In this essay I shall investigate an aspect of the phenomenology of the Gypsies in European cultural history through an analysis of the European side of the encounter, in a novel by the nineteenth-century English writer Wilkie Collins, The Moonstone: A Romance (1868). The Moonstone, as we shall see, is intimately concerned with the problem of Orientalism in British colonial India. I shall argue that Collins's novel also has something valuable to say in this context about the discourse on Gypsies.
First, some prefatory remarks on the novel's genre, cultural context and content. Collins, a longtime friend and colleague of Dickens, was one of the most widely read English novelists of the mid- to late nineteenth century. Probably his best-known book today is The Woman in White (1860). Like that work, The Moonstone is a frankly sensational detective novel. T.S. Eliot famously called it the ‘the first and greatest of the English detective novels’ (1950: 413). Sensation novels embody a separate sub-genre of the English tradition, and were all the rage in the third quarter of the nineteenth century. Generally speaking, they represented an aesthetic opposition to the sober realist or ‘scientific’ tradition of writing, and deliberately set out both to stimulate and to satisfy the appetite of the public for new, exciting, unprecedented, uncanny motifs, plots and arguments. Jenny Bourne Taylor argues that the sensation novel, characterized as it is by the obsession with the new and startling in endless variation, is a typical manifestation of the hunger for novelty characteristic of cultural modernity (Taylor 1988: 1–26, esp. 3ff.). The sensation novel, with its bold questioning of apparent certainties, was thus a medium eminently suited to expressing the widespread sense of cultural crisis and fear of decline in 1860s Britain.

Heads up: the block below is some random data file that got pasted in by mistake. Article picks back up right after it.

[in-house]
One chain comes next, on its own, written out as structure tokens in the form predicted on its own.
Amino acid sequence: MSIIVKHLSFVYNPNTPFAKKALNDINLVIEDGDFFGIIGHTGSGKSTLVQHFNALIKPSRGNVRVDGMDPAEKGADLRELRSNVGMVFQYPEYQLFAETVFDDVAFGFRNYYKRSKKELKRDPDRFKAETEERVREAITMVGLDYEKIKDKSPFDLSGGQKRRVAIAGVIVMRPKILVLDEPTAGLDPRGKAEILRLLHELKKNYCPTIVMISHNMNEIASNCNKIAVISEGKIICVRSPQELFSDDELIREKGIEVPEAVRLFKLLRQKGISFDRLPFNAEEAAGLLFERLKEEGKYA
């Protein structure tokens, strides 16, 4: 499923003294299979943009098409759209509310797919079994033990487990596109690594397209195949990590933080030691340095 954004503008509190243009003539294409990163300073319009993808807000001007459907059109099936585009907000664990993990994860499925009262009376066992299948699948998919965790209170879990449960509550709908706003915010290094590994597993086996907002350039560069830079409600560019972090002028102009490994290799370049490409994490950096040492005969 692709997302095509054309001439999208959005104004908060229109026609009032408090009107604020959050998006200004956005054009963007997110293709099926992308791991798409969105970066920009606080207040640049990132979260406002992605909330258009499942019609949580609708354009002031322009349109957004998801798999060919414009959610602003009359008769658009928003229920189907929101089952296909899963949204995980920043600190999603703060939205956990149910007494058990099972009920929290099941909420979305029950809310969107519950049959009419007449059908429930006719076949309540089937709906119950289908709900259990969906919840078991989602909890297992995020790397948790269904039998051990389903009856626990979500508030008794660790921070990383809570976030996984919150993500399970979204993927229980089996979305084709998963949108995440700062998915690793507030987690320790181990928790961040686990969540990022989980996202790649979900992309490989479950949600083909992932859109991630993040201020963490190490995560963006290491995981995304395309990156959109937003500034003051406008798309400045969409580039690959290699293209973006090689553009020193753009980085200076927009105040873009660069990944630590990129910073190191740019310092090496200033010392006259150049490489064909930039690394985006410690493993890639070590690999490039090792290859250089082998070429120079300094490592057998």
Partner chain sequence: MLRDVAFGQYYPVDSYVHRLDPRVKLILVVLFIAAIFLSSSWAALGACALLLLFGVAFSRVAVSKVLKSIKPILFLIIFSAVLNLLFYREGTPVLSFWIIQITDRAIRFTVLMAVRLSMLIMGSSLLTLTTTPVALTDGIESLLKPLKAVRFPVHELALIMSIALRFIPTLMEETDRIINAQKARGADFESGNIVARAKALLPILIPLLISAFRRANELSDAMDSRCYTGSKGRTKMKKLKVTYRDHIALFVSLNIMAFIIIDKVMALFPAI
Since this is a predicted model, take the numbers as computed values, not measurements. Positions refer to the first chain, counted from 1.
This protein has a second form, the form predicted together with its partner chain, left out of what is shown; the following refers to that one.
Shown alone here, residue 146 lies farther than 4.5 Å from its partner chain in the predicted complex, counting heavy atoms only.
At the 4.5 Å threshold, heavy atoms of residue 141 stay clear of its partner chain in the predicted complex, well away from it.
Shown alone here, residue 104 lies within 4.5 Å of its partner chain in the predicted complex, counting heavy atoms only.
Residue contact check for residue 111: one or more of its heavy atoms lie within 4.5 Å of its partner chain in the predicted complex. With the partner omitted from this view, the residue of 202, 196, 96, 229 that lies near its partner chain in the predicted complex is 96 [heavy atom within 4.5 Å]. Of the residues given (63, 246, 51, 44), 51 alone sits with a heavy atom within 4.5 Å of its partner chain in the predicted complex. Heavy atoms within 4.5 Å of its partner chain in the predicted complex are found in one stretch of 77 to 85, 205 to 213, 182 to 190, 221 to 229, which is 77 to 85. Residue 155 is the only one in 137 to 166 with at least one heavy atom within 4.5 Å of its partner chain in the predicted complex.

The Moonstone is the tale of the sensational theft of the eponymous large and beautiful yellow diamond from the Yorkshire mansion of the Verinder family in 1848, and of the attempts to recover the jewel – or at least to discover how it was stolen – in investigations by Sergeant Cuff, a mildly eccentric character with a razor-sharp analytical mind in the mould of Sherlock Holmes, and by other, unofficial detectives.